Skip to main content

25 Years Of Graphics History: A Farewell To ATI, In Pictures

2006 • X1650 Pro: The Mediocre Mid-Range

2006 • X1650 Pro: The Mediocre Mid-Range

ATI tried to do battle with the seventh-generation GeForce cards using its Radeon X1650 Pro, even if only in the mid-range segment.

2006 • X1950 XTX: The Late High Flyer

2006 • X1950 XTX: The Late High Flyer

Out of the way! It's late, but here it comes anyway: the fat Big Block from ATI. Using the X1950 XTX, ATI swept away all GeForce 7-series cards from Nvidia and grabbed the performance crown. It was popular and extremely fast, but also hot and expensive.

Altogether, the Radeon X1950 XTX is the first thing that comes to mind when trying to remember the times ATI has beaten its competitor (Ed.: I don't know about that; I always think back to R300, personally).

The GeForce 8800 was the first card able to stand up to it, but that was an impressive card in itself. And thus began the history of graphics cards with unified shader architectures.

2007 • HD 2600 Pro: Unified Shader, Light Edition

2007 • HD 2600 Pro: Unified Shader, Light Edition

The GeForce 88xx series did not face much opposition from AMD's high-volume Radeon HD 2600 Pro. Even the 8600 GTS did not have much to fear, really.

However, the ATI card did offer the possibility of outputting audio directly through the DVI output for the first time. Not a bad argument for the first HTPCs. Manufacturers like HIS set new standards with powerful and quiet cooling solutions.

2007 • HD 2900 XT: The Blown GeForce Hunter

2007 • HD 2900 XT: The Blown GeForce Hunter

With brutal raw performance, the fanboys were not the only ones surprised that this card hopelessly lagged behind when it was launched. Only much later, with better drivers, was it able to make up ground. It was loud, hot and in the end not overly successful.

2007 • HD 3850: The Third Attempt

2007 • HD 3850: The Third Attempt

ATI did not exactly create a powerhouse with the Radeon HD 3850, but it was still a good all-around card. Speed-wise, it stood no chance against competing GeForce cards. But a reasonable price tag made it a popular mid-range volume product.

2007 • HD 3850 AGP: Niche Solution Instead Of Peak Power

2007 • HD 3850 AGP: Niche Solution Instead Of Peak Power

Take a bridge chip and make a modern PCIe card AGP-compatible again. It was a great concept, but suffered from mediocre drivers. It was never able to take advantage of the latest Catalyst drivers, so customers either went with the AGP competition or gave up on the interface altogether.

2008 • HD 3870 X2: Tag Team, Back Again

2008 • HD 3870 X2: Tag Team, Back Again

It took a very serious card to even attempt breaking through Nvidia's GeForce dominance at this point. After all, by now, G80 had turned into an even more efficient G92.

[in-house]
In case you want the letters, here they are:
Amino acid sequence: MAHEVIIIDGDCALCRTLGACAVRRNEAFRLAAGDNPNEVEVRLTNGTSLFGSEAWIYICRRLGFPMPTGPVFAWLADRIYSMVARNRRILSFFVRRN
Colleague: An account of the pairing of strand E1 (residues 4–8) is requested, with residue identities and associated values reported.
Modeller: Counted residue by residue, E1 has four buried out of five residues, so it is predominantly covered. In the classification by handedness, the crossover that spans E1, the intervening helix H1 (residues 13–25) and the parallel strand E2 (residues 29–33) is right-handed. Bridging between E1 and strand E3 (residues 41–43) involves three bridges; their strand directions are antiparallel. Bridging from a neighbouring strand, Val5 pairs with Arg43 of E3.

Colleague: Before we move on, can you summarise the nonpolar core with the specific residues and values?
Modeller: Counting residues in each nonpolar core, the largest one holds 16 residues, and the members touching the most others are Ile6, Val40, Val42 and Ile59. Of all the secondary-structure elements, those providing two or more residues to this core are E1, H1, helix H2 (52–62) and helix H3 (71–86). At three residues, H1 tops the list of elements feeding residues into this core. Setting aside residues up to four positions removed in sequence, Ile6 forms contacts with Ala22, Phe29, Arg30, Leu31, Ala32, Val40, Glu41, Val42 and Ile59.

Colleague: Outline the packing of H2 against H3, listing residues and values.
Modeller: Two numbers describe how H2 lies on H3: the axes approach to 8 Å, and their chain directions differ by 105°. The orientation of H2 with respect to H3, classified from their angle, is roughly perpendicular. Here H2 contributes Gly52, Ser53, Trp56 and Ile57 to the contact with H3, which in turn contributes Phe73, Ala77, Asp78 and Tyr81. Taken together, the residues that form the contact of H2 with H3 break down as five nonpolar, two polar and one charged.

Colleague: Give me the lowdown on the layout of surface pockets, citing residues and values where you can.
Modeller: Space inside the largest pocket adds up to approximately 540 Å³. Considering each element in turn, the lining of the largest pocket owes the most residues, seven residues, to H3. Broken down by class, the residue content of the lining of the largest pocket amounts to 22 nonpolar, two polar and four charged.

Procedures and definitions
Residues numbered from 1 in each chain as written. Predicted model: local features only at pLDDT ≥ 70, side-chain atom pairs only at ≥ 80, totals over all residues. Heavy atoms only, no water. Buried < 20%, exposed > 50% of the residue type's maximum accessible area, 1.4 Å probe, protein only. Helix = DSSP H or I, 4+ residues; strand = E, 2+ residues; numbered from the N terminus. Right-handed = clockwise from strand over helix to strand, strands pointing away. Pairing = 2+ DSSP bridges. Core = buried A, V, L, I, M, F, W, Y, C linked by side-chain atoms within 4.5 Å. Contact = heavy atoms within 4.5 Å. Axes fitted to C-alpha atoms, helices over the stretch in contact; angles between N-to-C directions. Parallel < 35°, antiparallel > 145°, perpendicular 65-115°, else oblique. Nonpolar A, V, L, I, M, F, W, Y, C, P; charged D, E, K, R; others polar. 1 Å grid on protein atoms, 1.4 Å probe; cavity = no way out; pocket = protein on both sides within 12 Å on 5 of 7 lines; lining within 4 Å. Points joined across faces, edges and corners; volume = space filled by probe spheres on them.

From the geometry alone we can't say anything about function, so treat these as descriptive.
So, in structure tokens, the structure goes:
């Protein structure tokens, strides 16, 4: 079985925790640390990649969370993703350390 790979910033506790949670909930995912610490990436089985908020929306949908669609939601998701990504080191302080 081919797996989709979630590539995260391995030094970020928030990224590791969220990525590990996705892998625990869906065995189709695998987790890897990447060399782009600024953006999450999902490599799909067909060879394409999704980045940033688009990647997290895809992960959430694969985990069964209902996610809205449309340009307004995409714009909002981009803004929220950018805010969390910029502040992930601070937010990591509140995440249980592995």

Fortunately for ATI, the Radeon HD 3870 X2 was enough to take back the performance crown, even if it took a considerate amount of silicon to address the issue. Power consumption was not this board's strong suit, needless to say.

2008 • HD 3850 X2: An Exotic From Asus

2008 • HD 3850 X2: An Exotic From Asus

Asus designed its own card with two Radeon HD 3850 chips, but failed to attract much interest from buyers.

2008 • HD 4670: The Mid-Range, Redefined

2008 • HD 4670: The Mid-Range, Redefined

Without any additional power connectors, the low-power HD 4760 was an interesting card from ATI adopted by the HTPC crowd. Even Assassin’s Creed ran quite fluidly at 1680x1050.

2008 • HD 4870: Extremely Popular, Just As Affordable, And At Least As Hot

With its Radeon HD 4870, ATI had done it again, approaching the performance crown. It overtook Nvidia's competing cards in a few benchmarks, but the bigger news was that the company was back.

A slightly lower price made up for any shortcomings, such as higher idle power consumption and heat generation.

  • tacoslave
    I guess it makes the whole fusion thing a little less confusing for those not in the know.
    Reply
  • clownbaby
    I like the retrospect. Brings back a lot of fond memories.
    Reply
  • sideshowbob32
    Ha brings back a few memory's i still have a ATI 9600 in my part stash, and my 4890s still perform grate in CF. But will miss having a ATI logo
    Reply
  • joelmartinez
    my only ati card: 5850
    Reply
  • eklipz330
    my list of ati cards

    7200 se
    9600 pro
    x800 xl
    2x hd 2900xt
    hd 4850

    none of them failed

    not a fanboy... just a fan of quality products

    ...i'll still mumble ati before reading radeon...
    Reply
  • Time and tide wait for no man... Stronger survives
    Reply
  • longshotthe1st
    8mb Rage2
    64mb 7200
    128mb 9600
    1gb 5850 (couple nvidia in between)
    Reply
  • Nintendork
    And HD5970 strill reign supreme as the macho alfa. HD6990, pronto.
    Reply
  • NuclearShadow
    Farewell ATI while you've been owned by AMD for sometime now it was always nice to at-least see the name. I'm a lucky one that can remember those earliest products. Sleep well old friend.
    Reply
  • agnickolov
    Interesting how ATI's probably biggest success against nVidia wasn't even mentioned - Radeon 9700 Pro. That card completely obliterated its GeForce FX 5800 competitor and was superior even to the GeForce FX 5900 successor! At least its 9800 Pro successor is there...
    Reply